Kirchner waves goodbye and criticises next administration

Outgoing Argentine president criticised for refusing to attend successor’s inauguration

Tens of thousands of supporters filled Argentina’s most famous square to say goodbye to president Cristina Kirchner, who lauded her government’s achievements while criticising the incoming administration.

As blue and white Argentine flags waved and people cheered on a balmy night, Ms Kirchner gave a speech that was both a recap of her years in power and a clear sign that she does not plan to make things easy for president-elect Mauricio Macri, who will be inaugurated later on Thursday.

Ms Kirchner addressed the crowd on Plaza de Mayo in downtown Buenos Aires amid widespread criticism for her decision not to attend Mr Macri's inauguration.

The two spent much of the last 10 days bickering over where the presidential baton and sash would be handed over.


Mr Macri wanted to receive them at the Casa Rosada presidential offices from Ms Kirchner, while she insisted the handover happen in Congress. Many Argentines viewed the argument as a national embarrassment.

Without mentioning him by name, Ms Kirchner framed the tiff as Mr Macri's fault. She also criticised a federal court ruling in a case brought by Mr Marci that determined her presidency ended at midnight on Wednesday, saying it would leave Argentina without a president until Mr Macri's swearing-in at midday on Thursday.

“I can’t talk much because after midnight I’ll turn into a pumpkin,” she joked.

Ms Kirchner talked about "an agenda from the outside being imposed on the region", apparently referring to the United States and others she sees as enemies of Argentina. During her two terms in power, Ms Kirchner frequently accused other countries of meddling in this South American nation's affairs, though rarely provided details.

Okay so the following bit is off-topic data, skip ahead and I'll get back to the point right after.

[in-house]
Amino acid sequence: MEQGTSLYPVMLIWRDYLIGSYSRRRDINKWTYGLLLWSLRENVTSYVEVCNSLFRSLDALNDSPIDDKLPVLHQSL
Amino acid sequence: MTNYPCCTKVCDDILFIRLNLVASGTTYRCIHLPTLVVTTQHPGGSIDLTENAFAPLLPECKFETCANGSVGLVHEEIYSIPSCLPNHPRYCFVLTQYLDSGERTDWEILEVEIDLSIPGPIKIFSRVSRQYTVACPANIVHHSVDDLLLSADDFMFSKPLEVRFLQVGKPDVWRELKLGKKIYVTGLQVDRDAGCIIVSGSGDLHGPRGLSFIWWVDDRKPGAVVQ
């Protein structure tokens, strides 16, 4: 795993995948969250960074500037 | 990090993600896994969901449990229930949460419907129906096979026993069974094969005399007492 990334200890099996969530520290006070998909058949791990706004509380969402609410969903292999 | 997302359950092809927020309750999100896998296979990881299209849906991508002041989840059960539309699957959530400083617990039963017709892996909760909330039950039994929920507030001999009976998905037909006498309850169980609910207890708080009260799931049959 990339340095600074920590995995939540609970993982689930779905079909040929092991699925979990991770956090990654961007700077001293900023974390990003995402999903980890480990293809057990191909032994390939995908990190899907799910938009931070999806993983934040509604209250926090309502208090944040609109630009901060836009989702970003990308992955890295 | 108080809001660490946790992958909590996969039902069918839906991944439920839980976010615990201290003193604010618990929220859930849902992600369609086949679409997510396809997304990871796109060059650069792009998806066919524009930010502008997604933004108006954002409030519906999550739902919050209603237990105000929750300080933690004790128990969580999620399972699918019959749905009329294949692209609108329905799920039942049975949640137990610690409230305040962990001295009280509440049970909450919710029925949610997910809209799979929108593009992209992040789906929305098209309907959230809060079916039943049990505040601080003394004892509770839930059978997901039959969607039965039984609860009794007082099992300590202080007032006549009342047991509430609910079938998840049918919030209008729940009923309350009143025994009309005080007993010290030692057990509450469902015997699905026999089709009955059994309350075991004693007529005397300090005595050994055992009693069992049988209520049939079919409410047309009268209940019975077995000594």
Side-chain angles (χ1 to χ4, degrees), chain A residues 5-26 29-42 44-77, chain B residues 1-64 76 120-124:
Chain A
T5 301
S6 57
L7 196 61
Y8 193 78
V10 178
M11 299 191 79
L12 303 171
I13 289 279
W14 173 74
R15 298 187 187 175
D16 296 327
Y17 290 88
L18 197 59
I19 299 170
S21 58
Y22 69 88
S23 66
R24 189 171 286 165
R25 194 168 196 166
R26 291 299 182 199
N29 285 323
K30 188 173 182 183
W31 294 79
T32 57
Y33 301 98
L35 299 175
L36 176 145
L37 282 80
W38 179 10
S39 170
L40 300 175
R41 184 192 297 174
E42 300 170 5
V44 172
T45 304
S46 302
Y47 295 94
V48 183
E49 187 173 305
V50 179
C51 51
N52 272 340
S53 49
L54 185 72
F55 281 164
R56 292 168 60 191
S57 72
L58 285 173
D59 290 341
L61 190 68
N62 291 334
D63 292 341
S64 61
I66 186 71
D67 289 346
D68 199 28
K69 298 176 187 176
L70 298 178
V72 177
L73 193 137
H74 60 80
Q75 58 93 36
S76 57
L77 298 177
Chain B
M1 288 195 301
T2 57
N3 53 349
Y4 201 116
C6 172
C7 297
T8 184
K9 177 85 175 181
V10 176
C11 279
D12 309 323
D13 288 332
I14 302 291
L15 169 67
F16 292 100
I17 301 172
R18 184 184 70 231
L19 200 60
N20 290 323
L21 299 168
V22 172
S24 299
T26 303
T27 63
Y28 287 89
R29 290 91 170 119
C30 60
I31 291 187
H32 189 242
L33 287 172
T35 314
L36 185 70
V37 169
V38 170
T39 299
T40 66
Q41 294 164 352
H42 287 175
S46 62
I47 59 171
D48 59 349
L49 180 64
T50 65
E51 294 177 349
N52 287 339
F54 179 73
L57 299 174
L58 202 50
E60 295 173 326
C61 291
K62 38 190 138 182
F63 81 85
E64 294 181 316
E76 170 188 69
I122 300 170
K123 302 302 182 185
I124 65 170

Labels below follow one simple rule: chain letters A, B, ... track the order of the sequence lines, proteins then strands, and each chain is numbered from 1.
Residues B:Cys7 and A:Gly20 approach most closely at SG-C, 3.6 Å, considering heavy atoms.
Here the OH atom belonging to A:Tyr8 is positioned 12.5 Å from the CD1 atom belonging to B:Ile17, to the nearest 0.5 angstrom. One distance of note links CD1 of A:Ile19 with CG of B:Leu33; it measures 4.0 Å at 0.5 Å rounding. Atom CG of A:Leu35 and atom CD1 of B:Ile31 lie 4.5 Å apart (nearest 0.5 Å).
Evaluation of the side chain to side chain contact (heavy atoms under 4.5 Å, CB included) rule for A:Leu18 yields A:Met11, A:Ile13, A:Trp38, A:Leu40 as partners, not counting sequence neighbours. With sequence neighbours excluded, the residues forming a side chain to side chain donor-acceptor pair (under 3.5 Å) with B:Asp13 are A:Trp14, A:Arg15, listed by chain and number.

For 12 years Ms Kirchner, and before her, her late husband and predecessor, Nestor Kirchner, dominated the political landscape. The couple rewrote the country's social contract, spending heavily on social programmes for the poor while passing liberalising laws, such as legalising gay marriage in 2010.

They also aligned Argentina with socialist leaders like the late Venezuelan president Hugo Chavez and Bolivian president Evo Morales, who attended Ms Kirchner's farewell speech.

"She made me proud to be Argentine for the first time in my life," said onlooker Pablo Vega. "She defended the interests of the country more than anybody."

Mr Macri, who ran on free-market ideas, beat Ms Kirchner’s chosen successor by three percentage points in a run-off election last month. The close result underscored the deep polarisation in Argentina, and Ms Kirchner has made clear she will continue to be heard, albeit from the sidelines of power.

The 62-year-old, who was barred by the constitution from seeking a third consecutive term, leaves office with approval ratings around 40 per cent, and some have speculated she might try to run again in 2019.

But just as many Argentines love her, many also loathe her, and the fight over the presidential transition brought out the frustration of detractors.

By Wednesday afternoon, her decision not to attend the inauguration had spawned a trending Twitter hashtag: #CFKVerguenzaMundial, or “Ms Kirchner’s world shame”.